GMOs May Be Safe to Eat, But Some Are Still Bad for the Planet For years, one of the major arguments that has been made against genetically engineered crops is the fear that, by tampering with a plant’s DNA, it could potentially cause health issues for consumers. It’s an understandable worry, however, the scientific consensus now seems to be undeniable: Whatever faults GMO crops may have, they are safe for human consumption.
Increased vegetation in the Arctic region may counteract global warming Climate change creates more shrub vegetation in barren, arctic ecosystems. A study at Lund University in Sweden shows that organisms, such as bacteria and fungi, are triggered to break down particularly nutritious dead parts of shrubbery. Meanwhile, the total amount of decomposition is reducing. This could have an inhibiting effect on global warming.
How fish adapt to warmer waters but not to extremes Fish can adjust to warmer ocean temperatures, but heat waves can still kill them, a team of researchers from Sweden, Norway and Australia reports in an article published this week in Nature Communications. "A species might adapt and grow well (in warmer waters) but once you get strong heat spells, the water temperature might reach lethal temperatures and kill them," said Fredrik Jutfelt, an associate professor in biology at the Norwegian University of Science and Technology who was senior author of the study.Jutfelt and his colleagues studied European perch that live in a unique enclosed basin of warm water off the Swedish coast. The man-made basin, called the Forsmark Biotest Enclosure, was created three decades ago as a 1-km2 open-air laboratory by piping warm water from the nearby Forsmark nuclear power plant into an enclosed basin.
How do trees sleep? Most living organisms adapt their behavior to the rhythm of day and night. Plants are no exception: flowers open in the morning, some tree leaves close during the night. Researchers have been studying the day and night cycle in plants for a long time: Linnaeus observed that flowers in a dark cellar continued to open and close, and Darwin recorded the overnight movement of plant leaves and stalks and called it "sleep". But even to this day, such studies have only been done with small plants grown in pots, and nobody knew whether trees sleep as well. Now, a team of researchers from Austria, Finland and Hungary measured the sleep movement of fully grown trees using a time series of laser scanning point clouds consisting of millions of points each.
Anthropogenic dust found to have long-rangimg impacts to oceans As climatologists closely monitor the impact of human activity on the world's oceans, researchers at the Georgia Institute of Technology have found yet another worrying trend impacting the health of the Pacific Ocean.A new modeling study conducted by researchers in Georgia Tech's School of Earth and Atmospheric Sciences shows that for decades, air pollution drifting from East Asia out over the world's largest ocean has kicked off a chain reaction that contributed to oxygen levels falling in tropical waters thousands of miles away."There's a growing awareness that oxygen levels in the ocean may be changing over time," said Taka Ito, an associate professor at Georgia Tech. "One reason for that is the warming environment -- warm water holds less gas. But in the tropical Pacific, the oxygen level has been falling at a much faster rate than the temperature change can explain."The study, which was published May 16 in Nature Geoscience, was sponsored by the National Science Foundation, a Georgia Power Faculty Scholar Chair and a Cullen-Peck Faculty Fellowship.In the report, the researchers describe how air pollution from industrial activities had raised levels of iron and nitrogen -- key nutrients for marine life -- in the ocean off the coast of East Asia. Ocean currents then carried the nutrients to tropical regions, where they were consumed by photosynthesizing phytoplankton.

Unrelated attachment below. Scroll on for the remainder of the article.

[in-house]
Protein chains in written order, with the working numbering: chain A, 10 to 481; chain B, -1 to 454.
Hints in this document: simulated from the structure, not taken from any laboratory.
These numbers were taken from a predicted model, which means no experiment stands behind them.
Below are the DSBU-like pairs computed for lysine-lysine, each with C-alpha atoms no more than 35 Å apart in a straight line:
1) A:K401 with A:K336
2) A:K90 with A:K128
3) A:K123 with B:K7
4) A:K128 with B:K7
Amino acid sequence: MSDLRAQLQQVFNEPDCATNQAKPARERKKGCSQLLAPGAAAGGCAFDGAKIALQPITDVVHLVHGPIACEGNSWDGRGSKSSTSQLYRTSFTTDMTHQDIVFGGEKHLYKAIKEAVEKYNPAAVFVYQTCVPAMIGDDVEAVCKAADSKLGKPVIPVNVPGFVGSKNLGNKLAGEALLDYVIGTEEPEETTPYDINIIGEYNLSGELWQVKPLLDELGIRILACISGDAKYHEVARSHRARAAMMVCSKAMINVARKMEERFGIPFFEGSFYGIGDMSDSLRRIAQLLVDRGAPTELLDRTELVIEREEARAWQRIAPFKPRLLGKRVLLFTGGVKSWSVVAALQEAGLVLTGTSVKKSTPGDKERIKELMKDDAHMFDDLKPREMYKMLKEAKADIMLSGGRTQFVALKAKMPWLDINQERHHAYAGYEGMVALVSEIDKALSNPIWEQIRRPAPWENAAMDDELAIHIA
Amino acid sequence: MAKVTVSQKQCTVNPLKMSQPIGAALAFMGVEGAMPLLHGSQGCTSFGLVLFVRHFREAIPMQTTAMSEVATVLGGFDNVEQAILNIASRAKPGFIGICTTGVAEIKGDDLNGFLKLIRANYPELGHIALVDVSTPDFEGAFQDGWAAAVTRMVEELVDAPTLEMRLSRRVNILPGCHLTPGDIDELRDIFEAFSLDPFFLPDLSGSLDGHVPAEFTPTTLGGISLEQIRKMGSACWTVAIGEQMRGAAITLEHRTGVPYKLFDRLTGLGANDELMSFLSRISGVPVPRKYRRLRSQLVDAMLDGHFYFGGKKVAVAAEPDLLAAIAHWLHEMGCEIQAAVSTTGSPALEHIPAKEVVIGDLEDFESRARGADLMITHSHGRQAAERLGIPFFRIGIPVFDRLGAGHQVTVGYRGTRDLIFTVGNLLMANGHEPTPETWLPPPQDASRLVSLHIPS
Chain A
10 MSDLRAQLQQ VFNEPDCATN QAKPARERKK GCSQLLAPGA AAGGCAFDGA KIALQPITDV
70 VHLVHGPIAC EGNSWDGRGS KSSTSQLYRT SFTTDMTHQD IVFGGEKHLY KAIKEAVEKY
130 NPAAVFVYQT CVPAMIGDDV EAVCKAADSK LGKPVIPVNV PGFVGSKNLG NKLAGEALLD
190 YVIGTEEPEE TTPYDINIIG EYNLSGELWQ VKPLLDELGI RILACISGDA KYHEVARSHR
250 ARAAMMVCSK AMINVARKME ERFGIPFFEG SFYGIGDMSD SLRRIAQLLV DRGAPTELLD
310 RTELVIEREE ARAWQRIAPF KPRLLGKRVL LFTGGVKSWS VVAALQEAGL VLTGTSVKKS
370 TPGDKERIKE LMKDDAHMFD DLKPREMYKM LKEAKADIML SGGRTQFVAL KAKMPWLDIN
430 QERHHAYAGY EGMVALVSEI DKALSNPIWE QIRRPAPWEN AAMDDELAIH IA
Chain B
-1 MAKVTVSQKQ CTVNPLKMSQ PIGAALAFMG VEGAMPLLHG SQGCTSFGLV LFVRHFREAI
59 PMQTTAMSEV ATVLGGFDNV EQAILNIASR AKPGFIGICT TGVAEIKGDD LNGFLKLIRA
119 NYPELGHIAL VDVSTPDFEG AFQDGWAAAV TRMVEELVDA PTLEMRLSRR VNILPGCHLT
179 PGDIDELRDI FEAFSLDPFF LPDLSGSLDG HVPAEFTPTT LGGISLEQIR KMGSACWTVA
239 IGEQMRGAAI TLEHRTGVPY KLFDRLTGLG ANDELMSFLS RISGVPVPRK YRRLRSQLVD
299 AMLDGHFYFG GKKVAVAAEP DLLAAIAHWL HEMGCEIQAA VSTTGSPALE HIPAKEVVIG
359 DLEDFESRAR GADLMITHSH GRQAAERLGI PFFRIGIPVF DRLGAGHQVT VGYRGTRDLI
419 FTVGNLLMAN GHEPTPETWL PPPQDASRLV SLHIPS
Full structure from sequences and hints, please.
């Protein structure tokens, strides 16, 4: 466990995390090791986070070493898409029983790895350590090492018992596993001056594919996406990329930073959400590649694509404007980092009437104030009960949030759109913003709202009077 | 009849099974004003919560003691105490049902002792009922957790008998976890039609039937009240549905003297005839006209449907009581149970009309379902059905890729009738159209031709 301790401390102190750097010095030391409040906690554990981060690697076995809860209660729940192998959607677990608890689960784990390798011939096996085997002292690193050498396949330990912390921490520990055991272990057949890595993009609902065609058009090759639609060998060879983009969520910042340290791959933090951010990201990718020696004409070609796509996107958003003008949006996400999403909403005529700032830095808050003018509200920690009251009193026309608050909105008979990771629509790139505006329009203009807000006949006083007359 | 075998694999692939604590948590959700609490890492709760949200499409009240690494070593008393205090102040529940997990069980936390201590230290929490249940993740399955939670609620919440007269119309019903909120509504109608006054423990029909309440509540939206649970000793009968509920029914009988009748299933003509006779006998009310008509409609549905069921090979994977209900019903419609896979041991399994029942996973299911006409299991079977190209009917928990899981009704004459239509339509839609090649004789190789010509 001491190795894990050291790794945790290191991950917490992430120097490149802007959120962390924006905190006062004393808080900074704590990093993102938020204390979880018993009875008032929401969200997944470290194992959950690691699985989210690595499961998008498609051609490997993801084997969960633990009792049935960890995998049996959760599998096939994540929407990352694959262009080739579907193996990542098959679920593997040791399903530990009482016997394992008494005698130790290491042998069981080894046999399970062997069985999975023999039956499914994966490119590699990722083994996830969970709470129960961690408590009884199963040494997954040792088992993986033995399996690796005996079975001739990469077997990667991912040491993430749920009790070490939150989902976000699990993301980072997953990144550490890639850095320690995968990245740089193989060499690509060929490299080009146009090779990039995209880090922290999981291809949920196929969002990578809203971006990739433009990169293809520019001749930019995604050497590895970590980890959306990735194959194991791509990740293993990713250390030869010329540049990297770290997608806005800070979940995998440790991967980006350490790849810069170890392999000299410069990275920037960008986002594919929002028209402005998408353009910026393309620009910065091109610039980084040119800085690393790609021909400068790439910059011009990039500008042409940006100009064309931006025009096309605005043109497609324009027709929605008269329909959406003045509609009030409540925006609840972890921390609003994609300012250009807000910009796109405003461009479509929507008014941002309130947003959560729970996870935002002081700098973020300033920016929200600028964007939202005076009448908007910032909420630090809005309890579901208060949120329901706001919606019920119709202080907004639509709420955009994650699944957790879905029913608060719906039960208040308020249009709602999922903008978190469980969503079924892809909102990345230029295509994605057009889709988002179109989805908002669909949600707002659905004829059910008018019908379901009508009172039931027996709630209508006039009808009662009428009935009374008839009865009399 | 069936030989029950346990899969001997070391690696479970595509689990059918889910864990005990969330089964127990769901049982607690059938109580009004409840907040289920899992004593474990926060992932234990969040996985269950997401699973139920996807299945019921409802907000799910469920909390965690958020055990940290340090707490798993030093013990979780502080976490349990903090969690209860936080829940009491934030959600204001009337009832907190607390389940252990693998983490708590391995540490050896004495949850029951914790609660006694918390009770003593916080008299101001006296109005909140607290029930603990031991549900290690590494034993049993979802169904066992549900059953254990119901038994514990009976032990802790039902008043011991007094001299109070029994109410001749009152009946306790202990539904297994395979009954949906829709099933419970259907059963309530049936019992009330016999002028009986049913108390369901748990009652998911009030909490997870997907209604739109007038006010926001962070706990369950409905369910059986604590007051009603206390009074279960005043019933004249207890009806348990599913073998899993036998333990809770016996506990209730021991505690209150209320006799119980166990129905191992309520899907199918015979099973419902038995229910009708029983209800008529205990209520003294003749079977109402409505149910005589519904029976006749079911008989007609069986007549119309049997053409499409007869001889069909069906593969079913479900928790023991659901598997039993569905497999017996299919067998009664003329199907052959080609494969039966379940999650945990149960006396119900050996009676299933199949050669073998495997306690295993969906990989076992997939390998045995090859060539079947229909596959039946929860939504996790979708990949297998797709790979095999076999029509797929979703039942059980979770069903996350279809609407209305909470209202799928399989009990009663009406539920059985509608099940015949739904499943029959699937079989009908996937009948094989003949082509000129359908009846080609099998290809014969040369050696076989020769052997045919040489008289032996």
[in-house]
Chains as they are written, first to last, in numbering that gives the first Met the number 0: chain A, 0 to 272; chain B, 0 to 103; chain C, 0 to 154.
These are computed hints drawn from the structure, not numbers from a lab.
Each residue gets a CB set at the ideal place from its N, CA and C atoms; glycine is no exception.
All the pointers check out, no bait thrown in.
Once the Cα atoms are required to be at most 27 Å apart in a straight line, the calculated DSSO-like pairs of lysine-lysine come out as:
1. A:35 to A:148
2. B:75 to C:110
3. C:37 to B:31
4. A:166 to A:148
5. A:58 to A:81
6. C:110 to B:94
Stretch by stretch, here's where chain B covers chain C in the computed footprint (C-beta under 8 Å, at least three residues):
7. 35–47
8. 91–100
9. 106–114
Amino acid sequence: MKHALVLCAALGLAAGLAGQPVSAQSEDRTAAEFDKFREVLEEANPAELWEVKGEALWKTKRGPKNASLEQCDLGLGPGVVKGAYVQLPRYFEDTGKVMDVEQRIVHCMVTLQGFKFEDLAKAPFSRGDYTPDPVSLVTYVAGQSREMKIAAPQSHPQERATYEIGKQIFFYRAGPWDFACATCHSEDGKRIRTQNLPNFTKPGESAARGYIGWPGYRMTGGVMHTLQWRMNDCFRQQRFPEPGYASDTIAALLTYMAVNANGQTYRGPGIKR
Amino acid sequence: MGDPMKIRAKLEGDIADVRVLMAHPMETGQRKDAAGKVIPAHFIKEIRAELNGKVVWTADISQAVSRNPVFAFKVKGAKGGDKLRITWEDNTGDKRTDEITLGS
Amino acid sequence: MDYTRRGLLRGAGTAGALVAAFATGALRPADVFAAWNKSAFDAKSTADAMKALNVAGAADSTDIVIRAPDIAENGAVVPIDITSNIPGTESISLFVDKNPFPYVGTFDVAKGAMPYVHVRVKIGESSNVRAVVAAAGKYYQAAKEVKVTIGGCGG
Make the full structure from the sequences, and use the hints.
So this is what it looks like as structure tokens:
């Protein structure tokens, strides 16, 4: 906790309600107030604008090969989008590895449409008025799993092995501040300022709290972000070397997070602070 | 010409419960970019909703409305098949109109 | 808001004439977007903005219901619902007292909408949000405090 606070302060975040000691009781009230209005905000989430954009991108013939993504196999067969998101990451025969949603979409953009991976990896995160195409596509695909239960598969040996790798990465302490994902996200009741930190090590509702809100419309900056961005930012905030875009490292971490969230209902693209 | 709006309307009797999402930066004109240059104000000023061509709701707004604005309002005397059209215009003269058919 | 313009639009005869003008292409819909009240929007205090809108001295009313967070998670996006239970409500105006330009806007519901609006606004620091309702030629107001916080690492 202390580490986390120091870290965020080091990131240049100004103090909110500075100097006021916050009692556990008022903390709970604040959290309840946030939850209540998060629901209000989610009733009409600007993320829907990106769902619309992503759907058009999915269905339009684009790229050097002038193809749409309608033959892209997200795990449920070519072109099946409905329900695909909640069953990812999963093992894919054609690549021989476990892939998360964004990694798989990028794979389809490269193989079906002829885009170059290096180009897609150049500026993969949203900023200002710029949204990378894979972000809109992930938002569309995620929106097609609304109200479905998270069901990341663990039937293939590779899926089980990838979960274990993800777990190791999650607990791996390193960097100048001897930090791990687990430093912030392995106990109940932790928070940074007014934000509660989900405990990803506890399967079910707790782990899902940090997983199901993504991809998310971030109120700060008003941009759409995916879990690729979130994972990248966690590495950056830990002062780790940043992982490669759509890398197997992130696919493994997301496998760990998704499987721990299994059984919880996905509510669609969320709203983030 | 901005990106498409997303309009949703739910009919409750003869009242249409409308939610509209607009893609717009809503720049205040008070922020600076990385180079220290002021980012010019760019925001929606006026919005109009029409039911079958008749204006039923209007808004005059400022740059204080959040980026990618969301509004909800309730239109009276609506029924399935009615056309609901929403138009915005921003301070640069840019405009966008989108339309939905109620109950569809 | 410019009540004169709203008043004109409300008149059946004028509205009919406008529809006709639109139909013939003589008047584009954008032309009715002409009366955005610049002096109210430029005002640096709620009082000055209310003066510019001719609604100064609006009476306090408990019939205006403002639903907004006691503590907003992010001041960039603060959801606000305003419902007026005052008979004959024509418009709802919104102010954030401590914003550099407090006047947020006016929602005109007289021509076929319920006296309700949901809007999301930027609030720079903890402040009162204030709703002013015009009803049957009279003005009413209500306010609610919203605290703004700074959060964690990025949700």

Ocean bacteria are programmed to alter climate gases SAR11, the most abundant plankton in the world's oceans, are pumping out massive amounts of two sulfur gases that play important roles in the Earth's atmosphere, researchers announced today in the journal Nature Microbiology.
A Major Source of Air Pollution: Farms A new study says that emissions from farms outweigh all other human sources of fine-particulate air pollution in much of the United States, Europe, Russia and China. The culprit: fumes from nitrogen-rich fertilizers and animal waste that combine in the air with industrial emissions to form solid particles—a huge source of disease and death. The good news: if industrial emissions decline in coming decades, as most projections say, fine-particle pollution will go down even if fertilizer use doubles as expected. The study appears this week in the journal Geophysical Research Letters.Agricultural air pollution comes mainly in the form of ammonia, which enters the air as a gas from heavily fertilized fields and livestock waste. It then combines with pollutants from combustion—mainly nitrogen oxides and sulfates from vehicles, power plants and industrial processes—to create tiny solid particles, or aerosols, no more than 2.5 micrometers across, about 1/30 the width of a human hair. The particles can penetrate deep into lungs, causing heart or pulmonary disease; a 2015 study in the journal Nature estimates they cause at least 3.3 million deaths each year globally.
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